• Minkel as well as Hypable and many others reported on Rainbow Rowell's next book release, a Fangirl spinoff focused on the fictional fanfic in the story. "Rowell will open up Cath’s fanfiction for all the world to enjoy! Her latest book, due out in October of 2015, will be appropriately titled, Carry On. Even without the source material, we can bet that fans will be lining up to get their hands on the novel based on the fanfiction based on the fake novel within a real novel. (That must be some kind of new genre!)" Sorry, but fans have been there for a while.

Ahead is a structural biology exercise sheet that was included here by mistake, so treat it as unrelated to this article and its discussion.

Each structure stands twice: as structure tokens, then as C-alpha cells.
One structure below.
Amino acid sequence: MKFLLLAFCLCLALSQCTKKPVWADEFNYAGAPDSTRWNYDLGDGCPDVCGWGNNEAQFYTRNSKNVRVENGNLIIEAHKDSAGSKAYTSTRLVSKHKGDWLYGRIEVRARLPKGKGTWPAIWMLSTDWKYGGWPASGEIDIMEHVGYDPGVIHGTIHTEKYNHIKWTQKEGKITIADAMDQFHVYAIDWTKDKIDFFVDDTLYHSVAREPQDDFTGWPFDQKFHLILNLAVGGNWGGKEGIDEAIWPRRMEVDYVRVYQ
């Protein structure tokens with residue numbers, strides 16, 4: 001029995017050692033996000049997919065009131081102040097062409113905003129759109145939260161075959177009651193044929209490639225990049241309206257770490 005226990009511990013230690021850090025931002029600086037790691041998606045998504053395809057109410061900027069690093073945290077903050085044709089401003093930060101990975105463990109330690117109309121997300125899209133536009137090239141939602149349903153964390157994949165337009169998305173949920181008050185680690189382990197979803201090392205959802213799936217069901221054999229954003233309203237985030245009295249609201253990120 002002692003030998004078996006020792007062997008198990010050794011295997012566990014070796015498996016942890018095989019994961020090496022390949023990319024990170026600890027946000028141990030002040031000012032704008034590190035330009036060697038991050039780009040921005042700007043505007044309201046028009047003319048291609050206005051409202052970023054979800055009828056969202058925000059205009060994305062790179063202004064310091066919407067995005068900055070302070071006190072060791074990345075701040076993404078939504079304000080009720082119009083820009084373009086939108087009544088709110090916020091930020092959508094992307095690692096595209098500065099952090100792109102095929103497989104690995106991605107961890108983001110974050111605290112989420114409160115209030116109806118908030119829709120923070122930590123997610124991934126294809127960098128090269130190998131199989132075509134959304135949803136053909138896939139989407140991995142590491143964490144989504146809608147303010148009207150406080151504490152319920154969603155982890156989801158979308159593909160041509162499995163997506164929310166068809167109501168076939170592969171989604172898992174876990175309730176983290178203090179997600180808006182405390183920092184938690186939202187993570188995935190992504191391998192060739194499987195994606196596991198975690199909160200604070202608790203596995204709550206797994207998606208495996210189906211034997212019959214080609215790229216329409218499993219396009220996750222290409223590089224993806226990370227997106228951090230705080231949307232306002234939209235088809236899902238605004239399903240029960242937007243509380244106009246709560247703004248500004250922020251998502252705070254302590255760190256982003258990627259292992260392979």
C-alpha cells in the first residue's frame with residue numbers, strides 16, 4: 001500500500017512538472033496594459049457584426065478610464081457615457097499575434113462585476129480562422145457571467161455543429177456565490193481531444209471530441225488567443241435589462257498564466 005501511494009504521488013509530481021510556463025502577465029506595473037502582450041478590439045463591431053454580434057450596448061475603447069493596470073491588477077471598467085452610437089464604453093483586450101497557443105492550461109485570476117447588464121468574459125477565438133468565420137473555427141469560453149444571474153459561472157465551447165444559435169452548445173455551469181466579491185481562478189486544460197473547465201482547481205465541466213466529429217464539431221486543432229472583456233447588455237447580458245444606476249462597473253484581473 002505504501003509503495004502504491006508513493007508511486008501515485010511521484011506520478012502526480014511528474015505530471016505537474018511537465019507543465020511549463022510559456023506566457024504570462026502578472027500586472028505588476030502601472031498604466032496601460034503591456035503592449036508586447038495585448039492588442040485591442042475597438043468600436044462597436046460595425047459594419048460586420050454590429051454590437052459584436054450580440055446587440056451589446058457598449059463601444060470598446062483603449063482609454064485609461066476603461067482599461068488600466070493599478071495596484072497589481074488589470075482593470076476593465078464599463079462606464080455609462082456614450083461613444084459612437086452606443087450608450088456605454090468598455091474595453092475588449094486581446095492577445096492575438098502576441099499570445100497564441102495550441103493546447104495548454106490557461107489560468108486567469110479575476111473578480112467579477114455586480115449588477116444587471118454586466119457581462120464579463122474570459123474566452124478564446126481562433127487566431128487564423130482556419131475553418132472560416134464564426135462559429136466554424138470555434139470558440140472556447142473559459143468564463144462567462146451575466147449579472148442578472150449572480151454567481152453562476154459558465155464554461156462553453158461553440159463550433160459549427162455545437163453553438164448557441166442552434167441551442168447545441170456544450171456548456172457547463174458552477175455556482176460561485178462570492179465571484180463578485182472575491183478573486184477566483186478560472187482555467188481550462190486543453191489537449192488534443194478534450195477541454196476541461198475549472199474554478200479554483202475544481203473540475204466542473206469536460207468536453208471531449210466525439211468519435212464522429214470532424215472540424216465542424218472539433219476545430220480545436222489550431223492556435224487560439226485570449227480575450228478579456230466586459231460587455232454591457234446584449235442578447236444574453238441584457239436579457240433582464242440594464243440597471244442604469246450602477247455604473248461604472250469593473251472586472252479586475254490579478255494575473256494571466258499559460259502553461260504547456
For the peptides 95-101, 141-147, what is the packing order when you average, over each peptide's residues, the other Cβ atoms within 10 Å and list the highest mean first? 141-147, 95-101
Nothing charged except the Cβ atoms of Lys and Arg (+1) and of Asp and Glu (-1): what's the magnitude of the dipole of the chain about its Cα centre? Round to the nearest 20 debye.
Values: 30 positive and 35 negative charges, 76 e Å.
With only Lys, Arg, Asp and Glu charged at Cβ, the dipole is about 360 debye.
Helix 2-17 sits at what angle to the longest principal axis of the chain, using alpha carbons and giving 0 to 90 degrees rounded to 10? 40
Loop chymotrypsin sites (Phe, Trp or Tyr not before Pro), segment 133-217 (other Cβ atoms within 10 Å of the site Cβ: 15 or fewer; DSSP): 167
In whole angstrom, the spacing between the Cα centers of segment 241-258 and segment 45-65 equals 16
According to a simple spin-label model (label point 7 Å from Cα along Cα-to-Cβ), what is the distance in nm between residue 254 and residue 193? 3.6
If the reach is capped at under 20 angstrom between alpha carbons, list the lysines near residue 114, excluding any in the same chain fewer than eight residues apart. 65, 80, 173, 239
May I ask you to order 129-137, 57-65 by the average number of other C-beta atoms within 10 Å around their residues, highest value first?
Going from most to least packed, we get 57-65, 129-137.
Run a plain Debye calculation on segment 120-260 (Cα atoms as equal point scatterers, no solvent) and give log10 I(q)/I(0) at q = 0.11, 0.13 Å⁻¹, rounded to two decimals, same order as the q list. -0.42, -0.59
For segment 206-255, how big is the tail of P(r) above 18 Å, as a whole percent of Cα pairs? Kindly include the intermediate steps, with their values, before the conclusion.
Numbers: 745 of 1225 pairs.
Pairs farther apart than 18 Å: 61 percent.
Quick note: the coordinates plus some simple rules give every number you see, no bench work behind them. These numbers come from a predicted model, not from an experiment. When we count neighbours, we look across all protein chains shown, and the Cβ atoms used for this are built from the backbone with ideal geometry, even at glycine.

• OTW's ally organization, the Electronic Frontier Foundation, posted about a recent US federal court case allowing the sharing of information on stripping out DRM from ebooks. "When Abbey House shut down the ebook store in 2013, it gave its customers a month's notice that they would no longer be able to add new devices to read their purchased books on—and also explained that some customers were using the free software package Calibre to remove the DRM so they would be able to move their library to new hardware." They note that it puts the burden on users and the organizations that advocate for them, such as the OTW, to "continue with the triennial rulemaking process seeking exemptions to the anti-circumvention provisions of the Digital Millennium Copyright Act. There, we are pointing to non-infringing uses that are nevertheless hampered by the presence of DRM software and the legal backing that supports it."